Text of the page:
Okay, so I wrote my last post as an expression of my thoughts after reading a blog entry from Kristy, a friend of mine who wrote a list of things she’s chosen not to do. She did it in response to a perception that some in the blogosphere might have that she has it all together — that’s she’s a superwoman. She rightly concludes that a blog allows us to show only certain aspects of ourselves and, by definition, is two-dimensional.
Anyway, I decided to do a new post in response to the comments I got on my last post. (By the way, 5 responses is quite a few, especially lately when few people have been posting comments on anything I’ve posted — probably since most of my posts lately have been somewhat trivial. I guess I need to write more controversial stuff to elicit responses!)
First, let me say I appreciate the comments. Mom, sorry I don’t read the Reader’s Digest like I should. Kira, I agree that taking anything to the extreme is not a good idea and that in the end, we should be focusing on the positive things that make us the most happy. Robin, I agree that everyone is different and it’s important to always remember that.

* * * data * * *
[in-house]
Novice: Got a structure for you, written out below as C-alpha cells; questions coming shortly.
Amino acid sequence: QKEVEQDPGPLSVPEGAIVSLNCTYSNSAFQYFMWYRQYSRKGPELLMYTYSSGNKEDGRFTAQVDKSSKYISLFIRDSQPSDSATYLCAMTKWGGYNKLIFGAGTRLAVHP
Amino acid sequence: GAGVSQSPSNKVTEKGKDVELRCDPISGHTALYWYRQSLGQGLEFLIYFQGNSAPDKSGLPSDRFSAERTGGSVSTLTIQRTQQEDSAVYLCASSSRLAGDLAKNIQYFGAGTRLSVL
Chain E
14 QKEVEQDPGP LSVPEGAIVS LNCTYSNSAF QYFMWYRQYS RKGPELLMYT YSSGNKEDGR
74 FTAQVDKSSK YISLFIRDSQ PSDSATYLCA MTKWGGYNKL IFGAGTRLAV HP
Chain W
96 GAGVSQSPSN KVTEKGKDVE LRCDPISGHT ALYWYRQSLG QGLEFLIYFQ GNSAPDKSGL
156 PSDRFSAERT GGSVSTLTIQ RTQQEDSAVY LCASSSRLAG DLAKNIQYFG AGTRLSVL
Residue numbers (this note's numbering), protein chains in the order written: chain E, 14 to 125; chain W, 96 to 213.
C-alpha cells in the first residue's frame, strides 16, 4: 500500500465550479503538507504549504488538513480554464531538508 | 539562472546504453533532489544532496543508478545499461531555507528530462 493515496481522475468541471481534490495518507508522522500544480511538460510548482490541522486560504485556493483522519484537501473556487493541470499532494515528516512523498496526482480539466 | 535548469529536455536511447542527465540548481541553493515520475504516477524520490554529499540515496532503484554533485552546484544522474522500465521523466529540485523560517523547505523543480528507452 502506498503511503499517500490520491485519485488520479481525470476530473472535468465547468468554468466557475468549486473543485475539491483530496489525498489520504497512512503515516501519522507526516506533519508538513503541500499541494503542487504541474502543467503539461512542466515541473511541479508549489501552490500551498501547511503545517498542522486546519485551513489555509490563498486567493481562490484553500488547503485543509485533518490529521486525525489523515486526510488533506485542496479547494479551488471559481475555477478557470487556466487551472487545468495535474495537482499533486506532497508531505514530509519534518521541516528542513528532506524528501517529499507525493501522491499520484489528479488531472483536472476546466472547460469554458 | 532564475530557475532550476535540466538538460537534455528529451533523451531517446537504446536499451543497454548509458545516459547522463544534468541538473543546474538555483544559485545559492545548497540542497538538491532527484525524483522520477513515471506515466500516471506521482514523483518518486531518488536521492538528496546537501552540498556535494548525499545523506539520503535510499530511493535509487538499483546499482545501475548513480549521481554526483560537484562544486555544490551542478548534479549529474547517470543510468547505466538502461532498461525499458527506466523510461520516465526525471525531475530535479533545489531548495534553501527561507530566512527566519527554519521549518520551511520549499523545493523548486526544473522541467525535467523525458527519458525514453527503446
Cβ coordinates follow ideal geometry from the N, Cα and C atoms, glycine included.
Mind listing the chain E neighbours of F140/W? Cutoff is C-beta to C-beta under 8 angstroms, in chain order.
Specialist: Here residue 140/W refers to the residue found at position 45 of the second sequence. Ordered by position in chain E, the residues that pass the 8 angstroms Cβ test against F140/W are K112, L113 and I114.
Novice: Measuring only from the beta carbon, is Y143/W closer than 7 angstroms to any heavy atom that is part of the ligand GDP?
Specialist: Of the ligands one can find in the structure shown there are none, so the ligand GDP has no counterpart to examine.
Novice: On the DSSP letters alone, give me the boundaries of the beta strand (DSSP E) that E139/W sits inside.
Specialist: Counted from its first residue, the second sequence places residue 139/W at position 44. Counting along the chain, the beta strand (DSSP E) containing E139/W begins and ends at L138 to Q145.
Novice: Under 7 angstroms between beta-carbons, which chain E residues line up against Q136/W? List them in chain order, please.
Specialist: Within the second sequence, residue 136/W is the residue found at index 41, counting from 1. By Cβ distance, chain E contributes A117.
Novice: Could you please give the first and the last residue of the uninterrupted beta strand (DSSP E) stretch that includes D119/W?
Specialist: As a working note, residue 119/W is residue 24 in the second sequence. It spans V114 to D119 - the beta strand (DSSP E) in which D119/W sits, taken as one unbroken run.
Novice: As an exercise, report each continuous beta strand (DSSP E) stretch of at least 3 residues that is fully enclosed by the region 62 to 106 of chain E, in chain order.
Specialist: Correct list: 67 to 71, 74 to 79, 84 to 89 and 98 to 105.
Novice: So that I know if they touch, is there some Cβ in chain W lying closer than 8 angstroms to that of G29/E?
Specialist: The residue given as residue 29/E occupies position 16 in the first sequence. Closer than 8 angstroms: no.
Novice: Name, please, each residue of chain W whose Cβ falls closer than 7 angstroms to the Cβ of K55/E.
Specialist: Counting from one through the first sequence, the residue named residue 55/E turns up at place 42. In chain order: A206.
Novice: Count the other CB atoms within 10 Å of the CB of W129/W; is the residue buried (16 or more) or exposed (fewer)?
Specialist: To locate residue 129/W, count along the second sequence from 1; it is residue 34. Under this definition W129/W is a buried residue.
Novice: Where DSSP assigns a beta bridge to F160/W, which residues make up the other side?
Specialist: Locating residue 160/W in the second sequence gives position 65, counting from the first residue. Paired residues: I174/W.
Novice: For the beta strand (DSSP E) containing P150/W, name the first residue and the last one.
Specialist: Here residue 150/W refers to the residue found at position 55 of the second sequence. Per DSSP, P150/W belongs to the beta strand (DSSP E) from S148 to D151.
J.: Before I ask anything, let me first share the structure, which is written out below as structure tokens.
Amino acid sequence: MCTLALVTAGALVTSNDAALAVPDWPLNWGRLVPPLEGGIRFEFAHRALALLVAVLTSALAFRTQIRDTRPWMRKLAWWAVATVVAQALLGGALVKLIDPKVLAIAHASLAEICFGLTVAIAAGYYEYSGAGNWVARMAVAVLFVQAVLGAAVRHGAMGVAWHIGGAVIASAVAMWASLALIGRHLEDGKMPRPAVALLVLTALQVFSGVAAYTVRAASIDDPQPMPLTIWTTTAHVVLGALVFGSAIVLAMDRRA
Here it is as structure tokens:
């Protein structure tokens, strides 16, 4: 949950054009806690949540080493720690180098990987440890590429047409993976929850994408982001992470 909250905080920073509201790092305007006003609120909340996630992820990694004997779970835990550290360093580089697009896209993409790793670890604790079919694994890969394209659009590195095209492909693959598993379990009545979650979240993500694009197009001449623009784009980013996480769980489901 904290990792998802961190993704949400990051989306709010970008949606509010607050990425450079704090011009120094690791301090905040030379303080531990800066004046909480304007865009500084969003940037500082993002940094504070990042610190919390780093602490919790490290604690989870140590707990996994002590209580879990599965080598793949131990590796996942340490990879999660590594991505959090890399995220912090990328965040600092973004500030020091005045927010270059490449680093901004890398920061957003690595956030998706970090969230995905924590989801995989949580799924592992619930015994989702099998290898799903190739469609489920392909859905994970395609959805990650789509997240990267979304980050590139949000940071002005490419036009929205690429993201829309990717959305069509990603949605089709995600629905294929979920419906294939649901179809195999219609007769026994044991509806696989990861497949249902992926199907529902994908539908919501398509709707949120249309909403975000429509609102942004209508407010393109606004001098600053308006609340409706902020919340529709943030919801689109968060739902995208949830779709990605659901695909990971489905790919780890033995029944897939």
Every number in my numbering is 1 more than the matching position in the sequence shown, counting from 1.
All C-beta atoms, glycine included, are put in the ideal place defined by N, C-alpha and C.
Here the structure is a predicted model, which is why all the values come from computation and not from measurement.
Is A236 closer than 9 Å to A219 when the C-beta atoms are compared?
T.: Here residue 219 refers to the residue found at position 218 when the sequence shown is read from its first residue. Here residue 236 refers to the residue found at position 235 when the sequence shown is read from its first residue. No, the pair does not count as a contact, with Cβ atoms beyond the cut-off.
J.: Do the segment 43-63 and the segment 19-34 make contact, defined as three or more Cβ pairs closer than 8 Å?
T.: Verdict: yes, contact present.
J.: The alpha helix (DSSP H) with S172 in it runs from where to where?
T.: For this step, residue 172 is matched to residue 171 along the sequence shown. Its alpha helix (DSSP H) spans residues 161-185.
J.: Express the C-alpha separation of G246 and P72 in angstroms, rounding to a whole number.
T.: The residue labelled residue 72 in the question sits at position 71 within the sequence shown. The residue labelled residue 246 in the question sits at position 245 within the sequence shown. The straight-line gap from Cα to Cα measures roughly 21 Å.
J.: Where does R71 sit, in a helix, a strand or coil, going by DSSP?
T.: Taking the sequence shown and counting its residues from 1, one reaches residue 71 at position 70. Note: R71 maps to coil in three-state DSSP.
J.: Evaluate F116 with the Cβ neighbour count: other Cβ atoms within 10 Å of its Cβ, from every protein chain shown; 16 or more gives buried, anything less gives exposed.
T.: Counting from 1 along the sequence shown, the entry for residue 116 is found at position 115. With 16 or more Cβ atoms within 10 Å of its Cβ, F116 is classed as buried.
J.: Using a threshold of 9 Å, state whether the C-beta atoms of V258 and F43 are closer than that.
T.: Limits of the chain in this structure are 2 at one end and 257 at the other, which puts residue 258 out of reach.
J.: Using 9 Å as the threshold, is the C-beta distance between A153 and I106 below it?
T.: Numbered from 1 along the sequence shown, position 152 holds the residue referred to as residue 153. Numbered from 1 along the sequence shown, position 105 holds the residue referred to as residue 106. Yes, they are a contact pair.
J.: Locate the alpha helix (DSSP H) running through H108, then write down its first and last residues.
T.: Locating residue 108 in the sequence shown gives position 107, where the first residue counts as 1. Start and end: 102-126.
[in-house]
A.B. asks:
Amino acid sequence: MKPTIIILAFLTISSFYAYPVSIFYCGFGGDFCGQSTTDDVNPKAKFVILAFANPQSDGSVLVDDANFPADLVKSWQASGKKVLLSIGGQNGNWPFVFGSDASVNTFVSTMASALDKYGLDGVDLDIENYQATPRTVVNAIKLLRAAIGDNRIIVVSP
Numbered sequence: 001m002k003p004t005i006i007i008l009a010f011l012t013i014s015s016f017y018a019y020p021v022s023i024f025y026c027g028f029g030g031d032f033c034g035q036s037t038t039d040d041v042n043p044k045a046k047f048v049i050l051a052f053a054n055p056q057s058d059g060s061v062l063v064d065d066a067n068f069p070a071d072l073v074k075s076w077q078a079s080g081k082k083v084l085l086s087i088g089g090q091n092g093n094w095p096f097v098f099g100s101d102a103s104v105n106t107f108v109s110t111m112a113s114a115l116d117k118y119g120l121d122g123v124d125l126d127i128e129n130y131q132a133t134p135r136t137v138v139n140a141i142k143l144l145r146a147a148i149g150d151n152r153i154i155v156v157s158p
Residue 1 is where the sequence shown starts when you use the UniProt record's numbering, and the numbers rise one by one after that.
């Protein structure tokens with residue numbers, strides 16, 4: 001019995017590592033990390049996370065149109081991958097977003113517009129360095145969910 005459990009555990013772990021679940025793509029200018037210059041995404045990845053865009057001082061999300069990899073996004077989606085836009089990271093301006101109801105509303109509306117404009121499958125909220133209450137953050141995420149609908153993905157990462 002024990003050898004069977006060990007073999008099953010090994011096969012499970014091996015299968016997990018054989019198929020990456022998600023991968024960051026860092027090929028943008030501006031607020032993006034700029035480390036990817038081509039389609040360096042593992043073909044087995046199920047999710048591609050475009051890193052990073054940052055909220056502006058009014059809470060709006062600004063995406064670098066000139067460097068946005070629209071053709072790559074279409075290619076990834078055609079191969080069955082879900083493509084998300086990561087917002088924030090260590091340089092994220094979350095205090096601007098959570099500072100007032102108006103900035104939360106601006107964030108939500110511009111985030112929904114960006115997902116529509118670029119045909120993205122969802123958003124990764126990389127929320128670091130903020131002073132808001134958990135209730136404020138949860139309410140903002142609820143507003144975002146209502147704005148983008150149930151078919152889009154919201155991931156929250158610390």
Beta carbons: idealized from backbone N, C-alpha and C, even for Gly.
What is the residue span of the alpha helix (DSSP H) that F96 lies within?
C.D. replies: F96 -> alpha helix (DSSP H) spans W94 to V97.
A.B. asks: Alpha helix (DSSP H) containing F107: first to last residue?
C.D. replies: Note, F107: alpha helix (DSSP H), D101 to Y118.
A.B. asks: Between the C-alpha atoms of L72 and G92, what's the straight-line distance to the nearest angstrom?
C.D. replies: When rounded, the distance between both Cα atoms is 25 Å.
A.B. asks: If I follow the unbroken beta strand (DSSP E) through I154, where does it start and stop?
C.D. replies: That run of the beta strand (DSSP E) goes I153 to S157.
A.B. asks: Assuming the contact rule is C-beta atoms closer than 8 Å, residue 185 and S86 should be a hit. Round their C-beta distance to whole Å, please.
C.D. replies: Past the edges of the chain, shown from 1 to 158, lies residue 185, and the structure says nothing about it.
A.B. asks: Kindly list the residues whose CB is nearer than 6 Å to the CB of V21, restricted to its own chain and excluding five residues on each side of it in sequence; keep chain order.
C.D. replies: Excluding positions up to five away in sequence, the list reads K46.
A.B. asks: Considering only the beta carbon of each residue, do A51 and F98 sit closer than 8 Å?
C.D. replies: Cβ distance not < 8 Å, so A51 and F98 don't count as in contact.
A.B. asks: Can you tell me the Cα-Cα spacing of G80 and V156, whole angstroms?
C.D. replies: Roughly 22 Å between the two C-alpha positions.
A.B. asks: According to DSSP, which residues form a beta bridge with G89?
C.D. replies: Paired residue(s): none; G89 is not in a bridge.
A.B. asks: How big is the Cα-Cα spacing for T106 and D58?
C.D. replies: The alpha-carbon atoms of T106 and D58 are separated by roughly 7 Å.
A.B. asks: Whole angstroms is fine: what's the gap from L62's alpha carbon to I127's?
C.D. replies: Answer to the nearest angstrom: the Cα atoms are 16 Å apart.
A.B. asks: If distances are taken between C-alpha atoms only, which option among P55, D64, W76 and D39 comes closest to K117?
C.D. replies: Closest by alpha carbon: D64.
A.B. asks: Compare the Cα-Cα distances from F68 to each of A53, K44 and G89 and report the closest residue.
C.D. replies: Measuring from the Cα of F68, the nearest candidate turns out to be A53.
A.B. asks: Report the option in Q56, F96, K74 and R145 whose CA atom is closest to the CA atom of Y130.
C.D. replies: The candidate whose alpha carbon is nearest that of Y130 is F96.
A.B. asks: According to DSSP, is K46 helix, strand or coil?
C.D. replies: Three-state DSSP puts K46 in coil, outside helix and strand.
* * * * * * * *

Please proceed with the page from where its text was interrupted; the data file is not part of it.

As for your comments Shannon, I appreciate your candor and apologize if I came across as self righteous in any way. My list was meant to be somewhat tongue-in-cheek (grinding wheat, etc.) and certainly was not comprehensive! So many, many more things (and more substantial things) could have been added to the list. I just chose not to air all of my dirty laundry on the blog! 🙂
In any case, my intention was NOT to make anyone feel uncomfortable. I appreciate your insight that being an overacheiver is equally as precarious to proper life balance as being lazy. I recognize it’s important to put my wife and children at the TOP of my priority list — above church callings, work, school, etc. They are the most important and everything else should come second. I guess my reason for putting up that post was to acknowledge to myself that while there are a million things I COULD and SHOULD be doing, it is absolutely impossible to do all of them. The post was my way of expressing my recognition that choices must be made between GOOD things. And while that has been difficult for me to accept, I am coming to understand that that’s okay.
I really liked Elder Dallin H. Oaks talk on the subject during the October 2007 General Conference. His remarks, entitled Good, Better, Best, are right on the mark.
Thanks again for the discussion. It’s always interesting to see others’ perspectives.